Known geochemical processes cannot explain the levels of methane measured by the Cassini spacecraft on Saturn’s icy moon. While researchers say there is no suggestion that life exists on Enceladus, if there was it would be consistent with microbial activity similar to that known to occur at hydrothermal vents in Earth’s oceans.
An unknown methane-producing process is likely at work in the hidden ocean beneath the icy shell of Saturn’s moon Enceladus, suggests a new study published in Nature Astronomy by scientists at the University of Arizona and Paris Sciences & Lettres University.
Giant water plumes erupting from Enceladus have long fascinated scientists and the public alike, inspiring research and speculation about the vast ocean that is believed to be sandwiched between the moon’s rocky core and its icy shell. Flying through the plumes and sampling their chemical makeup, the Cassini spacecraft detected a relatively high concentration of certain molecules associated with hydrothermal vents on the bottom of Earth’s oceans, specifically dihydrogen, methane and carbon dioxide. The amount of methane found in the plumes was particularly unexpected.
“We wanted to know: Could earth like microbes that ‘eat’ the dihydrogen and produce methane explain the surprisingly large amount of methane detected by Cassini?” said Regis Ferriere, an associate professor in the University of Arizona Department of Ecology and Evolutionary Biology. “Searching for such microbes, known as methanogens, at Enceladus’ seafloor would require extremely challenging deep-dive missions that are not in sight for several decades.”
Ferriere and his team took a different, easier route. They constructed mathematical models to calculate the probability that different processes, including biological methanogenesis, might explain the Cassini data.
The authors applied new mathematical models that combine geochemistry and microbial ecology to analyse Cassini plume data and model the possible processes that would best explain the observations. They conclude that Cassini’s data are consistent either with microbial hydrothermal vent activity, or with processes that don’t involve life forms but are different from the ones known to occur on Earth.
On Earth, hydrothermal activity occurs when cold seawater seeps into the ocean floor, circulates through the underlying rock and passes close by a heat source, such as a magma chamber, before spewing out into the water again through hydrothermal vents. On Earth, methane can be produced through hydrothermal activity, but at a slow rate. Most of the production is due to microorganisms that harness the chemical disequilibrium of hydrothermally produced dihydrogen as a source of energy, and produce methane from carbon dioxide in a process called methanogenesis.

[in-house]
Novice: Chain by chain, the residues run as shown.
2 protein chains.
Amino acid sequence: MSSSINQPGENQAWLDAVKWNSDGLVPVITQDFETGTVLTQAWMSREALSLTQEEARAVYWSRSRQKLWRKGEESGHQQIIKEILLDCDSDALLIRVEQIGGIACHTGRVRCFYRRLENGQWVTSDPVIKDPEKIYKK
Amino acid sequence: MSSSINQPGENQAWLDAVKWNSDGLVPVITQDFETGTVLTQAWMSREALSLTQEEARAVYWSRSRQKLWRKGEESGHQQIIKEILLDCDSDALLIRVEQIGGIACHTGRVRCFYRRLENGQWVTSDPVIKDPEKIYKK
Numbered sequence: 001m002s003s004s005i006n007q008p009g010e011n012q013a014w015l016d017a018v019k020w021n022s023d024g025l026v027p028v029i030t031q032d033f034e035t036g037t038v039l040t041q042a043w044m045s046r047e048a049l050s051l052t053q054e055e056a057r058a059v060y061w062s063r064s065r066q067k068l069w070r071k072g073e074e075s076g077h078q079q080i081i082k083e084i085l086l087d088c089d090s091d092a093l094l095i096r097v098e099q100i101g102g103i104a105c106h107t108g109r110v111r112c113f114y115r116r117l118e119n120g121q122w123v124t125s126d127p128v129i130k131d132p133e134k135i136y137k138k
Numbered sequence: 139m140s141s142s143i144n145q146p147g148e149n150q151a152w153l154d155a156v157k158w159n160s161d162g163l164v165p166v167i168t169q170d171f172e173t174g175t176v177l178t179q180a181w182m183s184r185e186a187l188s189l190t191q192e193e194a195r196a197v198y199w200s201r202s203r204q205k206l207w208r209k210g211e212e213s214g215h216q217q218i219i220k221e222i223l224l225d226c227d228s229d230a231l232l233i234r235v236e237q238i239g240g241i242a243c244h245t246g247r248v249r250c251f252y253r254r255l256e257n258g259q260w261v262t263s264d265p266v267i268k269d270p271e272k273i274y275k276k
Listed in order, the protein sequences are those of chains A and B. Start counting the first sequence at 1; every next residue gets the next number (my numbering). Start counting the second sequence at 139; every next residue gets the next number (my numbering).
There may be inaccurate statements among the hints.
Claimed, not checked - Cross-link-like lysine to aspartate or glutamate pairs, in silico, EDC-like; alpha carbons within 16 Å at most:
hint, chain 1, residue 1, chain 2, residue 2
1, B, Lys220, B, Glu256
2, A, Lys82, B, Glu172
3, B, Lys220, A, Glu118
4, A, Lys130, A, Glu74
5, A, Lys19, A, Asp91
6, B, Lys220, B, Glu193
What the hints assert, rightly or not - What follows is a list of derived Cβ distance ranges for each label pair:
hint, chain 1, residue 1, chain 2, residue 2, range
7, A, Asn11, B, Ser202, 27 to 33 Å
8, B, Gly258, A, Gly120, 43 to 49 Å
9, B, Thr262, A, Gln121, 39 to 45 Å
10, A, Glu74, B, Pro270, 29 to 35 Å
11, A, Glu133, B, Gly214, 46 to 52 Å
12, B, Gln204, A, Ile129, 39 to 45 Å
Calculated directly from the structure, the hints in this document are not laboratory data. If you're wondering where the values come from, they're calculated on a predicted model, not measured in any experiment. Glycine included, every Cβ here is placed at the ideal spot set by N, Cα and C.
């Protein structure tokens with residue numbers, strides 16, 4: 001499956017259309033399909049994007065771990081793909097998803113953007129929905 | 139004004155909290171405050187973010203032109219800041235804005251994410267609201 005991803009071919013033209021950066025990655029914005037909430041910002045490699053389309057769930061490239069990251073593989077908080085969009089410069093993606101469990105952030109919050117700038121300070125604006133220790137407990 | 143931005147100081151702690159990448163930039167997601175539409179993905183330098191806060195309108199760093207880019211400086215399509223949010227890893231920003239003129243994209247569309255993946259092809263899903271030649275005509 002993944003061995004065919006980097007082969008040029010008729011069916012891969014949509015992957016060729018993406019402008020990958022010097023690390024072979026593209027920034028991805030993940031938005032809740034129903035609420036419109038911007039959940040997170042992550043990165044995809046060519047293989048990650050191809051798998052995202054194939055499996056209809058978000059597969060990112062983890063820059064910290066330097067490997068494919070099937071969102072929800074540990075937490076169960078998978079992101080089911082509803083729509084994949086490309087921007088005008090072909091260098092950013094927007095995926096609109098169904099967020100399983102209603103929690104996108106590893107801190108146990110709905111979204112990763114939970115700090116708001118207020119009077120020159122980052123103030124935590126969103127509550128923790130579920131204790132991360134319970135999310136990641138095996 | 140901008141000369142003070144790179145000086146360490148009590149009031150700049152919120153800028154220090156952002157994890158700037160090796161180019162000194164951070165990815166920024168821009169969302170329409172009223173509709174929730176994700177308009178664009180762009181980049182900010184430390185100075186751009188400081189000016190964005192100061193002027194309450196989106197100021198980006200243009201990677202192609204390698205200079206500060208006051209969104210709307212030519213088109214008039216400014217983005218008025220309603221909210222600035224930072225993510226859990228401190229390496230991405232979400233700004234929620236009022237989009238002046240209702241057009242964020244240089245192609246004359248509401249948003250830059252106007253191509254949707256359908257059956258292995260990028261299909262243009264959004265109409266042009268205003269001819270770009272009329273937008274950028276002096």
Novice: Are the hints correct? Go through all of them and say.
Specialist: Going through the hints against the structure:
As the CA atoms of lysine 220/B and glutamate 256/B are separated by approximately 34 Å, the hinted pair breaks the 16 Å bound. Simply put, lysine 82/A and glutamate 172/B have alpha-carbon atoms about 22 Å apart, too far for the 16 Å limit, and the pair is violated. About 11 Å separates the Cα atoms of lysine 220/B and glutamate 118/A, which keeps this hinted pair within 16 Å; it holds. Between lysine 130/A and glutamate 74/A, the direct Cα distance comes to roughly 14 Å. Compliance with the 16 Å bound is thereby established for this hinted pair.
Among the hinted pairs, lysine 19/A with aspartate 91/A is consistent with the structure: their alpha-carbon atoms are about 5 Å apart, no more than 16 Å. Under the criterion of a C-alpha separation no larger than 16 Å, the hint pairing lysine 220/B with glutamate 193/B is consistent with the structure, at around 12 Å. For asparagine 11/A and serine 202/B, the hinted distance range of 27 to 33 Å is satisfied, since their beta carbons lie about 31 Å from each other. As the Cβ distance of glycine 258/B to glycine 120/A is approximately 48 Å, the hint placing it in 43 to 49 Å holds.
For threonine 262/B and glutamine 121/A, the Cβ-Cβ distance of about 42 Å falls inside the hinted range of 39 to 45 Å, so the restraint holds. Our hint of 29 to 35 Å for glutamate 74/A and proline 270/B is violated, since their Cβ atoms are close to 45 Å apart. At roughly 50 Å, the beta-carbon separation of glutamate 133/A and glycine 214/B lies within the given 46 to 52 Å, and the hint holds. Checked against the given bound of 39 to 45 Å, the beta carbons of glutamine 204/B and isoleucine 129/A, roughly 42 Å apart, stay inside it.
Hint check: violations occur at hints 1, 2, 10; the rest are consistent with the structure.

The team looked at Enceladus’ plume composition as the end result of several chemical and physical processes taking place in the moon’s interior. First, the researchers assessed what hydrothermal production of dihydrogen would best fit Cassini’s observations, and whether this production could provide enough “food” to sustain a population of Earth like hydrogenotrophic methanogens. To do that, they developed a model for the population dynamics of a hypothetical hydrogenotrophic methanogen, whose thermal and energetic niche was modelled after known strains from Earth.
The authors then ran the model to see whether a given set of chemical conditions, such as the dihydrogen concentration in the hydrothermal fluid, and temperature would provide a suitable environment for these microbes to grow. They also looked at what effect a hypothetical microbe population would have on its environment — for example, on the escape rates of dihydrogen and methane in the plume.
“In summary, not only could we evaluate whether Cassini’s observations are compatible with an environment habitable for life, but we could also make quantitative predictions about observations to be expected, should methanogenesis actually occur at Enceladus’ seafloor,” Ferriere explained.
The results suggest that even the highest possible estimate of abiotic methane production — or methane production without biological aid — based on known hydrothermal chemistry is far from sufficient to explain the methane concentration measured in the plumes. Adding biological methanogenesis to the mix, however, could produce enough methane to match Cassini’s observations.
“Obviously, we are not concluding that life exists in Enceladus’ ocean,” Ferriere said. “Rather, we wanted to understand how likely it would be that Enceladus’ hydrothermal vents could be habitable to Earthlike microorganisms. Very likely, the Cassini data tell us, according to our models.
“And biological methanogenesis appears to be compatible with the data. In other words, we can’t discard the ‘life hypothesis’ as highly improbable. To reject the life hypothesis, we need more data from future missions,” he added.
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